Photos courtesy of City of Tucson

In the wake of a widespread push for increased environmental protections by both citizens and the federal government, municipalities across the nation have been stepping up to the plate to address climate change concerns at the local level.

For the city of Tucson, Arizona, Mayor Regina Romero and Tucson’s city council sought a comprehensive approach to the issue through the adoption of a Climate Action and Adaptation Plan in September 2020. Prompted by the city declaring a climate emergency, the plan focuses on deploying a “just and equitable transition” to shift the local economy from “dirty energy to energy democracy.”

As the third fastest-warming city in the U.S., according to nonprofit organization Climate Central, this decision makes Tucson one of more than 1,700 cities and jurisdictions to declare a climate emergency worldwide.

As part of the action plan, the city tasked a Climate Action Advisory Council with implementing its goals, which included prioritizing the deployment and use of renewable and locally sourced energy, transitioning away from fossil fuels, incorporating green infrastructure into community design, and planting more trees through the Tucson Million Trees Initiative.

With the ultimate target of reaching carbon neutrality by 2030 and zero waste by 2050, the plan includes specific mandates and goals for the city’s Environmental and General Services Department.

“We looked at [the Climate Action and Adaptation Plan] and began brainstorming what we needed to do internally as a department to really get us geared up and prepared to meet those goals,” says Carlos De La Torre, director of Tucson’s Environmental and General Services Department. “The first thing we did was identify the assets that we currently have and [decide] whether we can use them to meet the new mandates.”

According to De La Torre, an obvious area to begin developing new sustainability initiatives was at the Los Reales Landfill—a regional landfill serving the residents and businesses of Tucson and Pima County. Los Reales, which opened in 1967, is Tucson’s only active landfill. The facility takes in about 2,300 tons of solid waste daily and the city spends roughly $8 million every year to process waste at the site.

“We have active landfill cells and a lot of property around the facility, so [we felt] this was pretty much the best location where we could essentially not only meet the mandates but be able to bring other strategies to that facility that would enable the city to meet a lot of the goals outlined in the climate action declaration,” says De La Torre.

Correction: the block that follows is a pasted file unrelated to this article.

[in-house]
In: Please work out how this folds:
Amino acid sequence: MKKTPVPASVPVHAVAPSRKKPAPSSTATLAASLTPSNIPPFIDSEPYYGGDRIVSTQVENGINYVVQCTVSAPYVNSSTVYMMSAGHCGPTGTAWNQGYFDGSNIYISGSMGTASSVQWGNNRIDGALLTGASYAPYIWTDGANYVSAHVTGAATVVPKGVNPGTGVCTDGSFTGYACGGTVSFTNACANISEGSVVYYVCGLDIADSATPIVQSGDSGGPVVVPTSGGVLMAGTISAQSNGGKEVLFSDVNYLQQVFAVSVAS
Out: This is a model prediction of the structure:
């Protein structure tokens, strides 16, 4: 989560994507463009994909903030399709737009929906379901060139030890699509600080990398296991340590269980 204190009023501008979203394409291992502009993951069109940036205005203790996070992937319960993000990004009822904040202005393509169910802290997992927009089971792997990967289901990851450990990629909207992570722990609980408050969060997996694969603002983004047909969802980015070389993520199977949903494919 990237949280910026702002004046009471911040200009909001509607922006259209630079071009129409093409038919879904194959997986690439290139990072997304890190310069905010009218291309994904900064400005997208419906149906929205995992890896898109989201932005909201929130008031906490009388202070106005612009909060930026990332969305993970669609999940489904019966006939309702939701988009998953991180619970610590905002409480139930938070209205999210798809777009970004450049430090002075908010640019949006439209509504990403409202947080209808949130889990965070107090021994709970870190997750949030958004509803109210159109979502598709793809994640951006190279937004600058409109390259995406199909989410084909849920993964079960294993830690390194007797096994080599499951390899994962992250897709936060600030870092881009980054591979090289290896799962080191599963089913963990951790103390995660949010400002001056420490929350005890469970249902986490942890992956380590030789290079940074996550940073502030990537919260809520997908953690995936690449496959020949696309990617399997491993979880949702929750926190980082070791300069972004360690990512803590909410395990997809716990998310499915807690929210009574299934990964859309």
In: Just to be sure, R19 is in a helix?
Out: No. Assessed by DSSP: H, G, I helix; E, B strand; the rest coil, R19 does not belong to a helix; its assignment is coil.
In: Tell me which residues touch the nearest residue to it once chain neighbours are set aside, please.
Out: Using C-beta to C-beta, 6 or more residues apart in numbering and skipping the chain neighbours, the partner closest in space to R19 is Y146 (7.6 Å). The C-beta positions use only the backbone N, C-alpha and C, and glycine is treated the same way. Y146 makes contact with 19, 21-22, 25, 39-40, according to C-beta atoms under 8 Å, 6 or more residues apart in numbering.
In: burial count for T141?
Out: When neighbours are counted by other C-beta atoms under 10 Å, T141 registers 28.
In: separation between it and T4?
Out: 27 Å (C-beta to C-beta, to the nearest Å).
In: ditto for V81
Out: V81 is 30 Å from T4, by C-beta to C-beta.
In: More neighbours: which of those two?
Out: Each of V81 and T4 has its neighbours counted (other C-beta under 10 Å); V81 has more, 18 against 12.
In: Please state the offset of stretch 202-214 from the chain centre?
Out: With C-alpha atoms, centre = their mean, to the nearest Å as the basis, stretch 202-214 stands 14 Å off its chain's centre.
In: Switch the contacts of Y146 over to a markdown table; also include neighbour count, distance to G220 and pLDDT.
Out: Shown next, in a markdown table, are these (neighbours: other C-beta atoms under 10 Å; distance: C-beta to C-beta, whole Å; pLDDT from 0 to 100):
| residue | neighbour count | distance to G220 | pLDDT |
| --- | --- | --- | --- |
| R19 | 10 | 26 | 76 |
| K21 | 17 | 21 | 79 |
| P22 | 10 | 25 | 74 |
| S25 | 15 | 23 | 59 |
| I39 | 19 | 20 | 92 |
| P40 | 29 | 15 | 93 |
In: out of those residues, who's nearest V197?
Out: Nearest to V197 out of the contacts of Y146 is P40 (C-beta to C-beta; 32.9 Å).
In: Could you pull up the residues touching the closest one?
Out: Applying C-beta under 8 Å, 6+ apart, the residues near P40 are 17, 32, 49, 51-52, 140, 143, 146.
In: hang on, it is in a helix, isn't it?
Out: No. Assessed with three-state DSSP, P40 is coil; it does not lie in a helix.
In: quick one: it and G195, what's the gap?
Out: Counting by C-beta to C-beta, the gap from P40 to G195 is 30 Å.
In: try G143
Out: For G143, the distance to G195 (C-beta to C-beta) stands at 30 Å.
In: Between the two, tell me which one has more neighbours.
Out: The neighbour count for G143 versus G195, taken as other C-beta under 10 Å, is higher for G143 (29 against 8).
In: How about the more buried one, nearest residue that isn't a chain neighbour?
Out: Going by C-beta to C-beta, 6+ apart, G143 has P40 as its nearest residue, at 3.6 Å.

ADDRESSING THE PROBLEM

Over the past year, city officials have looked into effective ways to support Tucson’s climate emergency declaration within the 1,200 acre landfill.

“Our goal, just like any other landfill, is to maximize the use of the landfill … but also [to] build basically a buffer around the facilities to make sure that we can be a good neighbor, not only today, but in the future,” says De La Torre. “By providing that space [to pursue sustainability initiatives], we hope to make the Los Reales Landfill a community asset.”

As part of the larger planning effort to achieve waste reduction goals, Tucson City Council voted unanimously in July to rename the landfill to Los Reales Sustainability Campus, or LRSC. In addition to dawning a new name, the announcement also came with formal plans to alter the landfill’s landscape and implement sustainability programs to divert as much waste as possible away from the site.

The preliminary concept for the sustainability campus includes 110 acres to expand the dumping portion of the landfill and about 350 acres for economic development and sustainability projects around the perimeter of the landfill, including a tree nursery, a processing center for construction debris and a material recovery facility (MRF).

As reported by the Arizona Daily Star, one of the goals is to turn the facility into an educational space where residents can learn about what happens to their trash while simultaneously offering a way for discarded items to get a second chance for use at last-chance stores.

“The idea [behind] the sustainability campus was really the fact that we had a city facility, and we control that facility; so, let’s use the facility so we can deploy a lot of these initiatives and support other functions throughout the city,” says De La Torre.